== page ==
UNITED STATES, WASHINGTON (OBSERVATORY) — Sudan’s human rights commission said on Tuesday that police records showed 85 people were killed in a security operation targeting protesters in June, a toll less than that announced by the leaders of the protest movement.
On 3 June, armed men in uniforms attacked a weeks-long sit-in outside the headquarters of the armed forces in Khartoum, shooting and beating protesters in an operation that shocked international observers.
The Freedom and Change Alliance, which led the protests, said at least 127 people were killed and hundreds wounded in the security operation, which lasted several days.
But the National Human Rights Commission, a government body, said police records showed 85 people were killed in the operation.
“According to police records, between June 3 and June 12, 85 people were killed and 239 injured,” UNHCR chief Hurriya Ismail told reporters in Khartoum.
The forces that dispersed the sit-in were wearing police uniforms and paramilitary “rapid support forces”.
“These forces used excessive force and did not give warning to those inside the sit-in area, which was a peaceful and legal gathering,” it said.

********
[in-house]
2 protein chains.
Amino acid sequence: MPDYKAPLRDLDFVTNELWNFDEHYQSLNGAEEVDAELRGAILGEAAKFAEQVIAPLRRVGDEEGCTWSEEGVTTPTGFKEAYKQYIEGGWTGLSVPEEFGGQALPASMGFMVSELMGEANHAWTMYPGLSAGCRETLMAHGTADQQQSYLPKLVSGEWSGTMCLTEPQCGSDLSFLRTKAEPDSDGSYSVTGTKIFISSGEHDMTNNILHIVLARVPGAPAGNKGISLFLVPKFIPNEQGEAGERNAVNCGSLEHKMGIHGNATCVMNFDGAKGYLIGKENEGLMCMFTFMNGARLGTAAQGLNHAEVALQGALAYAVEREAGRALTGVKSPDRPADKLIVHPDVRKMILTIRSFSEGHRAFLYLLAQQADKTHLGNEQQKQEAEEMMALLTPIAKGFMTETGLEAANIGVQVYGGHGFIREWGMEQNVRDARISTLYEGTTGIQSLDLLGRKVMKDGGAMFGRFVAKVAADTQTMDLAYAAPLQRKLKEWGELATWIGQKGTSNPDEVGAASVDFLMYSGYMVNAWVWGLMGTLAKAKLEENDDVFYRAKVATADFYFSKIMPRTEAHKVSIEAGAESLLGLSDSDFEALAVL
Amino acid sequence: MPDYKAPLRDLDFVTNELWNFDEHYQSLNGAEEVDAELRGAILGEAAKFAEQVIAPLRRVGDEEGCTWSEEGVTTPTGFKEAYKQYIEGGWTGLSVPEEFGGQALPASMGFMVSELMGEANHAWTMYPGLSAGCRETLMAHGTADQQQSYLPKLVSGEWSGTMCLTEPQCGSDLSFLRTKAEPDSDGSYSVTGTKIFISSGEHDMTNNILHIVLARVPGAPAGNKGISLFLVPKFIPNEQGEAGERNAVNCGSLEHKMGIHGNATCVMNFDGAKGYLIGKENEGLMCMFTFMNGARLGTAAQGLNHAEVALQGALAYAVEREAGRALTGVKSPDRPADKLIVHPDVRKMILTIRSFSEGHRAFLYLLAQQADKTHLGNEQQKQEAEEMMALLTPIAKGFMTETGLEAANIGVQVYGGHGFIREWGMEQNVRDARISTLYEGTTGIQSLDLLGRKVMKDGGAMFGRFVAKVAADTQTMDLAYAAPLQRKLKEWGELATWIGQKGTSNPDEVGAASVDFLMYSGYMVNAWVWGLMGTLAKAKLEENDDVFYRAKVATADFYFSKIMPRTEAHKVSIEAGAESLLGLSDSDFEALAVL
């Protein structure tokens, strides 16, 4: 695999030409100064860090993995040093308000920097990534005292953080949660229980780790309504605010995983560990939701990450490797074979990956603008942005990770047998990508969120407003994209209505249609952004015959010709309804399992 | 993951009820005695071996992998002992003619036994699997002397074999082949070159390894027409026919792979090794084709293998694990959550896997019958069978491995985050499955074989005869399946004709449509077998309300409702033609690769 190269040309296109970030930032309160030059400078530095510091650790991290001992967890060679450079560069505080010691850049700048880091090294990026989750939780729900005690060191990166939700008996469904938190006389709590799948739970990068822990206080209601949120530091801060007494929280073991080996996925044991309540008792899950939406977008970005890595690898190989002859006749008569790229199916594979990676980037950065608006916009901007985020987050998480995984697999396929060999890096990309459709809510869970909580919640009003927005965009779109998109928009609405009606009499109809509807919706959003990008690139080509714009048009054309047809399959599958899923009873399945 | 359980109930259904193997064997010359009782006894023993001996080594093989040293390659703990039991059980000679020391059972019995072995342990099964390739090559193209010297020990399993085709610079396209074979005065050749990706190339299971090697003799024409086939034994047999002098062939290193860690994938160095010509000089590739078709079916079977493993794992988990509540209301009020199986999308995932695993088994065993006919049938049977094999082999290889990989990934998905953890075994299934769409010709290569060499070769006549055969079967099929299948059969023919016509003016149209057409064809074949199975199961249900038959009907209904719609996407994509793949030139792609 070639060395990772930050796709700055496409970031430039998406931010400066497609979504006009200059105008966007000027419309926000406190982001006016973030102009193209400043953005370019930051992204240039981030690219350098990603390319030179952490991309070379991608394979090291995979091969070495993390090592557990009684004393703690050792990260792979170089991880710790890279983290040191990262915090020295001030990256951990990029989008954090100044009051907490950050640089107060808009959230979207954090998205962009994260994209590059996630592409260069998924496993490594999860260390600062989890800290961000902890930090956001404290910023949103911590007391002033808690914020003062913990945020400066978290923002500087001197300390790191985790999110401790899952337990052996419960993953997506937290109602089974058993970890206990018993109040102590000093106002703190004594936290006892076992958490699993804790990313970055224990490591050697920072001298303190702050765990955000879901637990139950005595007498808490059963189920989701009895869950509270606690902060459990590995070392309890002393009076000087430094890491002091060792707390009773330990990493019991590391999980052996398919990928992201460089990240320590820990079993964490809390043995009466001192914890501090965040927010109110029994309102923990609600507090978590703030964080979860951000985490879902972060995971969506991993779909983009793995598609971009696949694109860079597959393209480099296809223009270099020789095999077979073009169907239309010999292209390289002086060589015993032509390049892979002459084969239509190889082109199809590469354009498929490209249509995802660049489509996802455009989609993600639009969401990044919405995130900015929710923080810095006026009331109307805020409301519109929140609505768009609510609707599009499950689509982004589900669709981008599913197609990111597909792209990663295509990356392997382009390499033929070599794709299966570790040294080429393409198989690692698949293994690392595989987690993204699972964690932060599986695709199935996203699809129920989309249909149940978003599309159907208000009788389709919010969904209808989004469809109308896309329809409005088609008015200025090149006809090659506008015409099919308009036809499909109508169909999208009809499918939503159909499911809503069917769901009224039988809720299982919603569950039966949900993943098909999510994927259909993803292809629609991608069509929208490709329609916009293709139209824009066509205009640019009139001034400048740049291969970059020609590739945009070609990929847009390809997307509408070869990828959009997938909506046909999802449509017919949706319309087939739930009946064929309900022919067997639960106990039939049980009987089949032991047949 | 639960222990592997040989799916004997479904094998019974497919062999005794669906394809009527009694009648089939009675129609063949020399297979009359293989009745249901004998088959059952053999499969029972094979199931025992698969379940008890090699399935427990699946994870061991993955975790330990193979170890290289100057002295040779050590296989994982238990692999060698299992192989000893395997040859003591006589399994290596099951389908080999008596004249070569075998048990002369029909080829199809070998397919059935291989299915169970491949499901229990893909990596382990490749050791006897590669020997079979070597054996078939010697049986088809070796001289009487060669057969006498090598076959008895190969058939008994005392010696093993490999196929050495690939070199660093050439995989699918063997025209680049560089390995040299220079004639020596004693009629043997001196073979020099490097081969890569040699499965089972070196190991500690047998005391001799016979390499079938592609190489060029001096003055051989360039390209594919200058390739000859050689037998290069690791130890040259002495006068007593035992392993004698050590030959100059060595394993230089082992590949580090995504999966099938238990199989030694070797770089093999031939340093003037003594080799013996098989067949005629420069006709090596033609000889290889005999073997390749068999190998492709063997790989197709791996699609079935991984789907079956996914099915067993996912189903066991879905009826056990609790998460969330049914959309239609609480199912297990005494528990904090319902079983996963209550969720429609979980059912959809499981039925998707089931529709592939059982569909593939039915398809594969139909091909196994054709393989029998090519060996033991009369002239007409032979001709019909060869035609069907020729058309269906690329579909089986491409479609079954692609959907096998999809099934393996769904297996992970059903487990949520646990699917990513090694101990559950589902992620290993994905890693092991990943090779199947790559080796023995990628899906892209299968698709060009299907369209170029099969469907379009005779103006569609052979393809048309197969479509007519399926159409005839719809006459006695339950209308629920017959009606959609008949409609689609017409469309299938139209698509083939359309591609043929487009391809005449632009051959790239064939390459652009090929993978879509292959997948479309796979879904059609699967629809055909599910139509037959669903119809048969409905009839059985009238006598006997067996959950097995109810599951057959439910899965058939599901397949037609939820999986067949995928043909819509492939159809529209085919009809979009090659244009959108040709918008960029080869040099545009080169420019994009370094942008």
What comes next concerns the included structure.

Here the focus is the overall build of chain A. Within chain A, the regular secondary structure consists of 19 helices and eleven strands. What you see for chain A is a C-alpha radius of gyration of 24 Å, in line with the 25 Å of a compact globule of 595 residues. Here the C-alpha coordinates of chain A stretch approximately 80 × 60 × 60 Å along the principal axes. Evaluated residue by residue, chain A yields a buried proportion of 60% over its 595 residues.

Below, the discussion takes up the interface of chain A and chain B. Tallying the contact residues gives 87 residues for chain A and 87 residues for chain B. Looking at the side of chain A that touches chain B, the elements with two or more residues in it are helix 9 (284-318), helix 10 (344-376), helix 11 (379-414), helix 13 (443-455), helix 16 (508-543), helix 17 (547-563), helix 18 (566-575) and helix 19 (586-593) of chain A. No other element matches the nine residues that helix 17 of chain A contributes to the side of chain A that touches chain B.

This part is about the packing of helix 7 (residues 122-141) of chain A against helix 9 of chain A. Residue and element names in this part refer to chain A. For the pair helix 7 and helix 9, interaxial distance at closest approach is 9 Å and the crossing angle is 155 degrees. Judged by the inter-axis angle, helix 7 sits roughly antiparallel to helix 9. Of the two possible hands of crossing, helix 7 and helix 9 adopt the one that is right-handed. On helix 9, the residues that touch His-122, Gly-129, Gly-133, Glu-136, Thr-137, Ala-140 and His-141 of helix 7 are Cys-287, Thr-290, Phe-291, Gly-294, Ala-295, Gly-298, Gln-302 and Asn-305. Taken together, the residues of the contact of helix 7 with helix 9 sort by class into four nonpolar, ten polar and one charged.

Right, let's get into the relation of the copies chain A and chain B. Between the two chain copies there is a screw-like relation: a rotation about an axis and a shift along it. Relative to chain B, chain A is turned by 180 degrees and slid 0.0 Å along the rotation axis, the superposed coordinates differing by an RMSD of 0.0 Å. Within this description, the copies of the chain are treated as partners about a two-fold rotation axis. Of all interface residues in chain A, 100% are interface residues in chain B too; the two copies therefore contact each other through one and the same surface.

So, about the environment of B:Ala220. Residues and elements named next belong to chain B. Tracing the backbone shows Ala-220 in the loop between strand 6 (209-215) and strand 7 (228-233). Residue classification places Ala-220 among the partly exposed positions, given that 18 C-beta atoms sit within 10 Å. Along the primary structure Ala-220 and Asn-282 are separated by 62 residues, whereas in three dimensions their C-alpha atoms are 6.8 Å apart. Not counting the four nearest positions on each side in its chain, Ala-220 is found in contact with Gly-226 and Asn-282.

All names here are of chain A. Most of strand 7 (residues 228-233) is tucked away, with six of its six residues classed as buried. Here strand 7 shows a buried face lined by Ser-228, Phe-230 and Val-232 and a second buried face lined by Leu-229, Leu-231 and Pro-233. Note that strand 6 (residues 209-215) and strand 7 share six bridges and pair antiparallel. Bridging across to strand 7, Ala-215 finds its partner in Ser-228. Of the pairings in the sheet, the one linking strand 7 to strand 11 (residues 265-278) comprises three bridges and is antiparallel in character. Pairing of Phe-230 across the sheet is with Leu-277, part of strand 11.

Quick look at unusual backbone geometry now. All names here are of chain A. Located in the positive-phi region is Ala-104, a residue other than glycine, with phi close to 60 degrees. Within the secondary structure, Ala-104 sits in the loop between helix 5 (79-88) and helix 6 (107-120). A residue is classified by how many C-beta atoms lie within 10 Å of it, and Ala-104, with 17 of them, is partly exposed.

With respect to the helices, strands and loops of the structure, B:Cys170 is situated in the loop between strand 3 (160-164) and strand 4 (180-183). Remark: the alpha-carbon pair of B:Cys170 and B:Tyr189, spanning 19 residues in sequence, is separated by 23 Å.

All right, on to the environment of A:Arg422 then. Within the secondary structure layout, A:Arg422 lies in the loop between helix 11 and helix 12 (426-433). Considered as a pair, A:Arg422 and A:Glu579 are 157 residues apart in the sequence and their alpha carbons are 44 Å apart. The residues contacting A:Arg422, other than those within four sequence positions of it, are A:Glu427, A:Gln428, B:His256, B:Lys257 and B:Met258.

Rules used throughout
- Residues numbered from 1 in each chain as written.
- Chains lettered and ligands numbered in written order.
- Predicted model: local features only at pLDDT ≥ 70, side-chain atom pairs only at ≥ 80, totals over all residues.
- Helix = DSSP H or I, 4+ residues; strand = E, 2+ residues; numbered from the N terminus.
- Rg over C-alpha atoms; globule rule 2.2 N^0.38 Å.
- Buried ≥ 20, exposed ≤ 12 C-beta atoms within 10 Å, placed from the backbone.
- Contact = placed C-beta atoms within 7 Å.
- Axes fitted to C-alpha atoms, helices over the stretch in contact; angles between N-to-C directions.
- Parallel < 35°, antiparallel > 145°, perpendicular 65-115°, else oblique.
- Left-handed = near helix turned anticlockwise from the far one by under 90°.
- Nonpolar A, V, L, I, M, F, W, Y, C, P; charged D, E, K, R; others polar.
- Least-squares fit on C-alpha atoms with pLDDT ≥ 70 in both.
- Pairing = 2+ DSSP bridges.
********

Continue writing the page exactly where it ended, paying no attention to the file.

“What has happened is a serious violation of the right to life and those who have carried out criminal offenses,” she said.
The president’s comments came two days after Prime Minister Abdullah Hamdouk formed an independent commission of inquiry consisting of seven people, in response to the demands of the Freedom and Change Alliance, which led the protests.
The committee set up by the military junta that sacked Sudanese President Omar al-Bashir had concluded that members of the Rapid Support Forces were involved in the bloody sit-in.
The junta stressed at the time that it did not order the break-up of the sit-in, but ordered an operation involving the Rapid Support Forces to clear the area close to the criminals.
In July, the Attorney General, who headed that commission of inquiry, revealed that a brigade of the Rapid Support Forces had ordered a colonel to break up the sit-in, although he had not received orders from the highest authorities.
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